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Vermont, the Education State

Of the three major minority groups, two always post scores substantially lower than the third and the white majority, and most States (Vermont is a nearly unique exception in this respect) have substantial minority enrollments; this fact therefore produces total averages noticeably lower than the one or two which don't.

All these achievement-by-demographic-cohort stats, for each state, are published in the annual National Digest of Educational Statistics, which you can request (usually no charge) from your favorite Congressional politician's office.

There you'll find, for fourth grade reading, that statistically all-white Vermont posts a student test score of 229, while the U.S. average for the white cohort is 230. And how "high value" is a 229 score? Hint: it's less than halfway up the 0-500 score scale.

When Vermont claims, on the basis of state total-enrollment averages, to have the best schools in the K-12 neighborhood that's because the overall neighborhood isn't even middle-class (pun intended) achievement-wise.

The states at the bottom of the heap spending-wise get there primarily via larger class sizes. Utah, for example, has an average class size twice that of Vermont's and a cost-of-direct instruction half as much per pupil. All the others are similarly more efficient than Vermont-class-size and instruction-cost-wise-and controlling for the test-score depressing effect of their minority enrollments, they all post reading scores quite close to those of the Education State.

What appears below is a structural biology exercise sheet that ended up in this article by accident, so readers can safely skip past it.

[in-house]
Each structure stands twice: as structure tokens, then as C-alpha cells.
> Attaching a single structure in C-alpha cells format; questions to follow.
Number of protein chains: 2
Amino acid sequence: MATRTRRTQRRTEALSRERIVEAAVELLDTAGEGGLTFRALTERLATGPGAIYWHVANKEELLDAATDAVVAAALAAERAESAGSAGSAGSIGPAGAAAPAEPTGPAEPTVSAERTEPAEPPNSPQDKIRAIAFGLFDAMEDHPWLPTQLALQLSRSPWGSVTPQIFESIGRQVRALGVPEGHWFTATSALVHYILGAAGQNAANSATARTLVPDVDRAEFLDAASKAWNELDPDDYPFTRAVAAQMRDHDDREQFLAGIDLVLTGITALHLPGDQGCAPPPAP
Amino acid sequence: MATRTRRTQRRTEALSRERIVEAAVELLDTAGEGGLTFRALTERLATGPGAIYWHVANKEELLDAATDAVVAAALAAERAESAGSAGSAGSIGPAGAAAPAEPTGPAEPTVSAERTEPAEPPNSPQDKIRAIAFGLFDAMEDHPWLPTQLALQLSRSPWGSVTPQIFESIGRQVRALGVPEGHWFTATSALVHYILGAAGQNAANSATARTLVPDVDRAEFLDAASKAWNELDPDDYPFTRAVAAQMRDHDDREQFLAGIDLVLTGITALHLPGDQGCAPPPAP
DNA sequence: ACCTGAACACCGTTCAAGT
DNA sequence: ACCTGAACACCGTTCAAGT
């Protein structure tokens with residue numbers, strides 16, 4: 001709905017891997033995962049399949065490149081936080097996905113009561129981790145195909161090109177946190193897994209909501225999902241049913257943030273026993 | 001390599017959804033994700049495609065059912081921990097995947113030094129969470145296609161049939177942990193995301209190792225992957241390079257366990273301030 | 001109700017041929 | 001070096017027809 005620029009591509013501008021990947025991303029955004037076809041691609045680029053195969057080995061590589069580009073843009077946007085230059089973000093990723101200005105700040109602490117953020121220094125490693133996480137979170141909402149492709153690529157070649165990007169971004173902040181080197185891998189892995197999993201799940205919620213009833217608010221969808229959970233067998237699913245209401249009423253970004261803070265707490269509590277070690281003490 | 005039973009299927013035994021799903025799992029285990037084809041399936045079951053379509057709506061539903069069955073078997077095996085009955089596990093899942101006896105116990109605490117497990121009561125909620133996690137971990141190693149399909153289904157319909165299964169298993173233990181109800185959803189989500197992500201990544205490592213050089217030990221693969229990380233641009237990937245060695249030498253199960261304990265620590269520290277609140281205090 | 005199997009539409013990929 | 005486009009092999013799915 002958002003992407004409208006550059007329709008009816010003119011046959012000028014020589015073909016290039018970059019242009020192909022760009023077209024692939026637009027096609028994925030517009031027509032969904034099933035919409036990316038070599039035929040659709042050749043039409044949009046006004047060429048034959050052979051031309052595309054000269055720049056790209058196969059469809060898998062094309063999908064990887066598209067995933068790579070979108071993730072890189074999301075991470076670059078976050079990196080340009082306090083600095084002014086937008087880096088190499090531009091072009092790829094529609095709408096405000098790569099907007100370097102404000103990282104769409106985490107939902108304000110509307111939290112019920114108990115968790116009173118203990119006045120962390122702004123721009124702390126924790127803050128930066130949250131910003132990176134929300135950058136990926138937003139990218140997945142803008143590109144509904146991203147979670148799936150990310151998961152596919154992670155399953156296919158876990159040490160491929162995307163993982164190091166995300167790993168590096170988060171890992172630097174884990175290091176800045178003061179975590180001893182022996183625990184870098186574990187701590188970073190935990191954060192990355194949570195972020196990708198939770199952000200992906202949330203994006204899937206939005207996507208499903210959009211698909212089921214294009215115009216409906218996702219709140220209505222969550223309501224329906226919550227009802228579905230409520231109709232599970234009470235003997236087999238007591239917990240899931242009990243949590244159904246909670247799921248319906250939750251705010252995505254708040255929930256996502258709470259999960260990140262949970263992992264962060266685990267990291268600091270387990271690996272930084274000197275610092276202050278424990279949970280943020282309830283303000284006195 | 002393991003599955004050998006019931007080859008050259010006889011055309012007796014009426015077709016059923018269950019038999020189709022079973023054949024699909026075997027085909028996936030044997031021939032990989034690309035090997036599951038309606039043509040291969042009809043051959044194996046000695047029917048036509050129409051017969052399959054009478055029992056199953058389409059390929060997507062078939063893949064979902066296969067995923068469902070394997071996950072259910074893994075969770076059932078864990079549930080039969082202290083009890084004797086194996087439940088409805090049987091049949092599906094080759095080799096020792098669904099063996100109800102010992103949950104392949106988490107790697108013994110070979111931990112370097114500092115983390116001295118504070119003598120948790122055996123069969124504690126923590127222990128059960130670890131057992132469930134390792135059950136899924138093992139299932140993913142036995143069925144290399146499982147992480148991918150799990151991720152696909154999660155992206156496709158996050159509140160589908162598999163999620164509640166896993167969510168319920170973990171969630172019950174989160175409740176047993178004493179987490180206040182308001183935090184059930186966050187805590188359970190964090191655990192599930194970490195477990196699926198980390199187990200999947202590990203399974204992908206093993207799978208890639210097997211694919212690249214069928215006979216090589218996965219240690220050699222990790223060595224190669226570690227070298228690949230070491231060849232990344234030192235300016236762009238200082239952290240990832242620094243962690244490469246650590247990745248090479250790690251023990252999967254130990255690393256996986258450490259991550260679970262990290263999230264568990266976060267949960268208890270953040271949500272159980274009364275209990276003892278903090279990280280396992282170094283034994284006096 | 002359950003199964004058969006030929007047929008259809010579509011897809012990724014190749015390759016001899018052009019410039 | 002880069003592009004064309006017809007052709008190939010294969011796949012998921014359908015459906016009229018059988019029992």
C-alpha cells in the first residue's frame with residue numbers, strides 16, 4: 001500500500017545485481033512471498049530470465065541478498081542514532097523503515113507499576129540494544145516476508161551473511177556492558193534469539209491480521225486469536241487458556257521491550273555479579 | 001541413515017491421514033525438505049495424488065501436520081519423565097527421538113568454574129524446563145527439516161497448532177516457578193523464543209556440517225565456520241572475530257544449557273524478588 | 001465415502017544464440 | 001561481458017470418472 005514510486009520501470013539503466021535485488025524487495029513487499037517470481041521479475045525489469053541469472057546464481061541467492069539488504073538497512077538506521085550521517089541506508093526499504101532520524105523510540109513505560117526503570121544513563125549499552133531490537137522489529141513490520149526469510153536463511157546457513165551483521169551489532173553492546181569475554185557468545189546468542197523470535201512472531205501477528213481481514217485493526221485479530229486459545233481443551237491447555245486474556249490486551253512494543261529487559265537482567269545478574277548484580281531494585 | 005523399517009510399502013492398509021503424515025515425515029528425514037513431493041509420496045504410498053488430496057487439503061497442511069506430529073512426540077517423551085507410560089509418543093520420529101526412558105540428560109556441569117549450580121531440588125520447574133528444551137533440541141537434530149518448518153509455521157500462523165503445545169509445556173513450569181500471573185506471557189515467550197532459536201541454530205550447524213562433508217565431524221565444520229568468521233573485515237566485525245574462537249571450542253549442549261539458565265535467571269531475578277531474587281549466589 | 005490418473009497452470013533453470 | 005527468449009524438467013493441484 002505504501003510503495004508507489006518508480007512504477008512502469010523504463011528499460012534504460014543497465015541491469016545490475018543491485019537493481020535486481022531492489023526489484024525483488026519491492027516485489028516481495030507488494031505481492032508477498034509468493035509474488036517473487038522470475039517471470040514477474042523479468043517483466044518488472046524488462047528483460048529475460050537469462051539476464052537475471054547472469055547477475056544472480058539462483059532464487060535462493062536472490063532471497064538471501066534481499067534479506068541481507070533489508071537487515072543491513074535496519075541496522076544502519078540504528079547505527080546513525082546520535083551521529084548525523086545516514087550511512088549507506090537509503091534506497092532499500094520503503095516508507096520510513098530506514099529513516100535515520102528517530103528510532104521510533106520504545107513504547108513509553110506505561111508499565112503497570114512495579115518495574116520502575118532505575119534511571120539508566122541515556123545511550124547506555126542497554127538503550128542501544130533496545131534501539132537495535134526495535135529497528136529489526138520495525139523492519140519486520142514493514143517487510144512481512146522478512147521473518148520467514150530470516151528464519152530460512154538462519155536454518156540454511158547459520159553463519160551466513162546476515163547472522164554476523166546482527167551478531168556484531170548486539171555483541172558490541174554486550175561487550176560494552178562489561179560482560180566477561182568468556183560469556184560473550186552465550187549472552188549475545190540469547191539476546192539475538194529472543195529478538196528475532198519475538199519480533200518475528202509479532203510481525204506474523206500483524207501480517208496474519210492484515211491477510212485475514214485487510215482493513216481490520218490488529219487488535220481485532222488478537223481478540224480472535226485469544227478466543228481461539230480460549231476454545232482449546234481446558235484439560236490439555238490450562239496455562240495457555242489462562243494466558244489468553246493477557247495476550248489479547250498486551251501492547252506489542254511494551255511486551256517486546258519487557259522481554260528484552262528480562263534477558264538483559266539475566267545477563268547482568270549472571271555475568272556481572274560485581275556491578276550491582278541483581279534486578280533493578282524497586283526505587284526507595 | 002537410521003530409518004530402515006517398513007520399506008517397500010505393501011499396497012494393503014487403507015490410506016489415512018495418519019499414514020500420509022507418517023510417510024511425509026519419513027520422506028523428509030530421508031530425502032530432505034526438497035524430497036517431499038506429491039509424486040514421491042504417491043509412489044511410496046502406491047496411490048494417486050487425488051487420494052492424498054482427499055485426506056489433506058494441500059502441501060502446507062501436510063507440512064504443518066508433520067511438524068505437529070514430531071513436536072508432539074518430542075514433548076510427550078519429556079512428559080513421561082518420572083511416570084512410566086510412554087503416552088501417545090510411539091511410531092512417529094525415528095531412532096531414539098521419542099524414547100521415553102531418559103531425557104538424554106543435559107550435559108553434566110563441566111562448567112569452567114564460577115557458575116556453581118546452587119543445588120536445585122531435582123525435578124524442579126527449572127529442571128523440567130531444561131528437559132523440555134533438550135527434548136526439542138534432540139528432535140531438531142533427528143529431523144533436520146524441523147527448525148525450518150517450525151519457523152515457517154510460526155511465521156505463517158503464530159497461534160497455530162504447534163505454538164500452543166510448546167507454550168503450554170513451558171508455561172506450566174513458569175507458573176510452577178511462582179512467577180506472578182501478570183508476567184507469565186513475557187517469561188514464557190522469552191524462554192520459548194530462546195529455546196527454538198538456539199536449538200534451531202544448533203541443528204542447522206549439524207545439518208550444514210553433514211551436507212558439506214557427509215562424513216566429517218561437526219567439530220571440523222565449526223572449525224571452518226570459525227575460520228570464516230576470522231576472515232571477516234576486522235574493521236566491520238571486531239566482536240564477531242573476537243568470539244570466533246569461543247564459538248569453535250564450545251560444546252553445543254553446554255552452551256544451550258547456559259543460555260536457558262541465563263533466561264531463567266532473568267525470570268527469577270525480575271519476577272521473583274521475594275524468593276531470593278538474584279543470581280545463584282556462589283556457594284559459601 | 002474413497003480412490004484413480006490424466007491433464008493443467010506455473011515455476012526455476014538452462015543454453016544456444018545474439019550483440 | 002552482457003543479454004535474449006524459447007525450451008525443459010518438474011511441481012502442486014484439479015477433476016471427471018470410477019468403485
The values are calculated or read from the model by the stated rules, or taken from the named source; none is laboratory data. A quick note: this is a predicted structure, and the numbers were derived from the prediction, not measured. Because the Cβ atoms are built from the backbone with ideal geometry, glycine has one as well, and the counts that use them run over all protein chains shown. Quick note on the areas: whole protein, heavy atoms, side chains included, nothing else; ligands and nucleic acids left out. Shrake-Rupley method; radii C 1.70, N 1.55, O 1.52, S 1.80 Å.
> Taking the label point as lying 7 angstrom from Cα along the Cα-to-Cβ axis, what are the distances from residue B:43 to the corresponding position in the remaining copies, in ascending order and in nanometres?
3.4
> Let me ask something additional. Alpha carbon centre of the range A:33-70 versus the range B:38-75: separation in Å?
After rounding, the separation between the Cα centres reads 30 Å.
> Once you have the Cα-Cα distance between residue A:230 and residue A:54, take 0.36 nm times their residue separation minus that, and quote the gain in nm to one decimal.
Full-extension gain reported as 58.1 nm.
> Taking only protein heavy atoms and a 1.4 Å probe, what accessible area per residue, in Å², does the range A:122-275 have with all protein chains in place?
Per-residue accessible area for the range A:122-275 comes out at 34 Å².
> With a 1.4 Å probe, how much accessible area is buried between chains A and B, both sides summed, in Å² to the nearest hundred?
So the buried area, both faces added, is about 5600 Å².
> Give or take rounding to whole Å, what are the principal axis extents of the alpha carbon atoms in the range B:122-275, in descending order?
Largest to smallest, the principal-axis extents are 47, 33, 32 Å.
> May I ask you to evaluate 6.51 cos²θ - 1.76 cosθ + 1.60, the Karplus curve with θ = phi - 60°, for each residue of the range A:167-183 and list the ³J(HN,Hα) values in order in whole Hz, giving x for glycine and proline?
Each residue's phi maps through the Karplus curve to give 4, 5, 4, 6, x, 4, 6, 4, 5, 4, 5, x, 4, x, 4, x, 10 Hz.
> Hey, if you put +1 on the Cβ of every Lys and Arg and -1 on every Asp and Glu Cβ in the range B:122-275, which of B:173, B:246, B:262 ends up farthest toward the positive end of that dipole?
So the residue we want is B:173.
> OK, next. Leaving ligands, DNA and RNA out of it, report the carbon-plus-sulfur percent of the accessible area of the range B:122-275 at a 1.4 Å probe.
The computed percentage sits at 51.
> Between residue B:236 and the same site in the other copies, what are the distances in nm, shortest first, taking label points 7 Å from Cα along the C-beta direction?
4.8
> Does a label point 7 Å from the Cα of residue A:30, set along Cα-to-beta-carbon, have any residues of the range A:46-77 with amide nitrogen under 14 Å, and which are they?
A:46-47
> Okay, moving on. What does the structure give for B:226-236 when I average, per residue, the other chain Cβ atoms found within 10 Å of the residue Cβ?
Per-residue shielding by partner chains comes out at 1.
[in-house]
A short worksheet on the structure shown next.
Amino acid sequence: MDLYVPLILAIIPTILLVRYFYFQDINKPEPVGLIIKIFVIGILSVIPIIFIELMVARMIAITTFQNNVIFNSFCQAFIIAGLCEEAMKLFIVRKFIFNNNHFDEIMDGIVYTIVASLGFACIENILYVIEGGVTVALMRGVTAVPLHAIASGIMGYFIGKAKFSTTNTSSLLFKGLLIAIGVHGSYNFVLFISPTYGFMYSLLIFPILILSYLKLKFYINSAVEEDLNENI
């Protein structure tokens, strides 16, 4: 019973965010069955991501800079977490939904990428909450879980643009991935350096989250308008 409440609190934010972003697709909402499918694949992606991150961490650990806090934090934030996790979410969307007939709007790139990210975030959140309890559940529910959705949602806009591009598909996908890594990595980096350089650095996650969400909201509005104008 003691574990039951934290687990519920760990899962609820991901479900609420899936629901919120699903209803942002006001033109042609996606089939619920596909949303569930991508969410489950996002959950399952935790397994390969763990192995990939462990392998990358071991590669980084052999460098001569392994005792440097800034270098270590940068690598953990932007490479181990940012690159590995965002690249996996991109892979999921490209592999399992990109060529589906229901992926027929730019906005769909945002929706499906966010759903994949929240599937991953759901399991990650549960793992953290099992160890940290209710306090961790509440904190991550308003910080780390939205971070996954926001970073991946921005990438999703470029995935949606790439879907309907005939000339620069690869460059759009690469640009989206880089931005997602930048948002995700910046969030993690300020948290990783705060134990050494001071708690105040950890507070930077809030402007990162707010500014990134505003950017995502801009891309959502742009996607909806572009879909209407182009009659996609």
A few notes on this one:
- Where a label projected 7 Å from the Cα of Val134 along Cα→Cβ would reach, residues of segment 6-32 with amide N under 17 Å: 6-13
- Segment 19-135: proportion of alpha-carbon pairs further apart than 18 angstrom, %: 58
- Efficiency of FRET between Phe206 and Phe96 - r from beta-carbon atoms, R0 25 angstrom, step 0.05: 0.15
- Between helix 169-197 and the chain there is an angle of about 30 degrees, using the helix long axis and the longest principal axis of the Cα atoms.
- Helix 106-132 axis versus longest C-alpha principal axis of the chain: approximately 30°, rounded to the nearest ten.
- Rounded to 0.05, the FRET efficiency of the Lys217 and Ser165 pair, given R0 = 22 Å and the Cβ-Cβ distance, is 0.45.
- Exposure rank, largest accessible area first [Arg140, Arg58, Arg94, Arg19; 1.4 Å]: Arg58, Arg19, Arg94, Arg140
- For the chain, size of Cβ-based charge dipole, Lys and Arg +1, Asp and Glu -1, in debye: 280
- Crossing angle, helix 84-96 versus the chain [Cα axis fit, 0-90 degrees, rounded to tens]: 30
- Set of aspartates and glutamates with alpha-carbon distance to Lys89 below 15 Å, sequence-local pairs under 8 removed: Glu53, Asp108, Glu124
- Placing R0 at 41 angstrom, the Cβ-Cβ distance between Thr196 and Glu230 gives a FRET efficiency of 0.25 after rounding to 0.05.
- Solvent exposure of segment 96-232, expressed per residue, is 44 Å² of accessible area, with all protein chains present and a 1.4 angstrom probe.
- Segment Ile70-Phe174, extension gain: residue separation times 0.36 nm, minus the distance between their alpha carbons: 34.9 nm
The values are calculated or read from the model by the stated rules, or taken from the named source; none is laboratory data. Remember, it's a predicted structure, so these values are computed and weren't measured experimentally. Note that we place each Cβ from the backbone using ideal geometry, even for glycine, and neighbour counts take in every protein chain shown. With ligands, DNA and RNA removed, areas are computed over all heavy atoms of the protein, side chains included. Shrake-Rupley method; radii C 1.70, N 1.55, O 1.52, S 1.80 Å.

Here they are, for white fourth graders in 2007: Idaho 223, Mississippi 208, Tennessee 216, Utah 221. These four average at 217, 12 below Vermont-that's 5 percent.

The per-pupil spending of the four states is about 50 percent below Vermont's. The four states also post eighth grade reading proficiency percentages in the three-out-of-10 range-meaning that in the four low-cost states, seven out of ten students can't function at grade level in reading.

In high-cost Vermont, the proficiency rate was 42 percent, meaning that almost six out of ten were sub-proficient in eighth grade reading.

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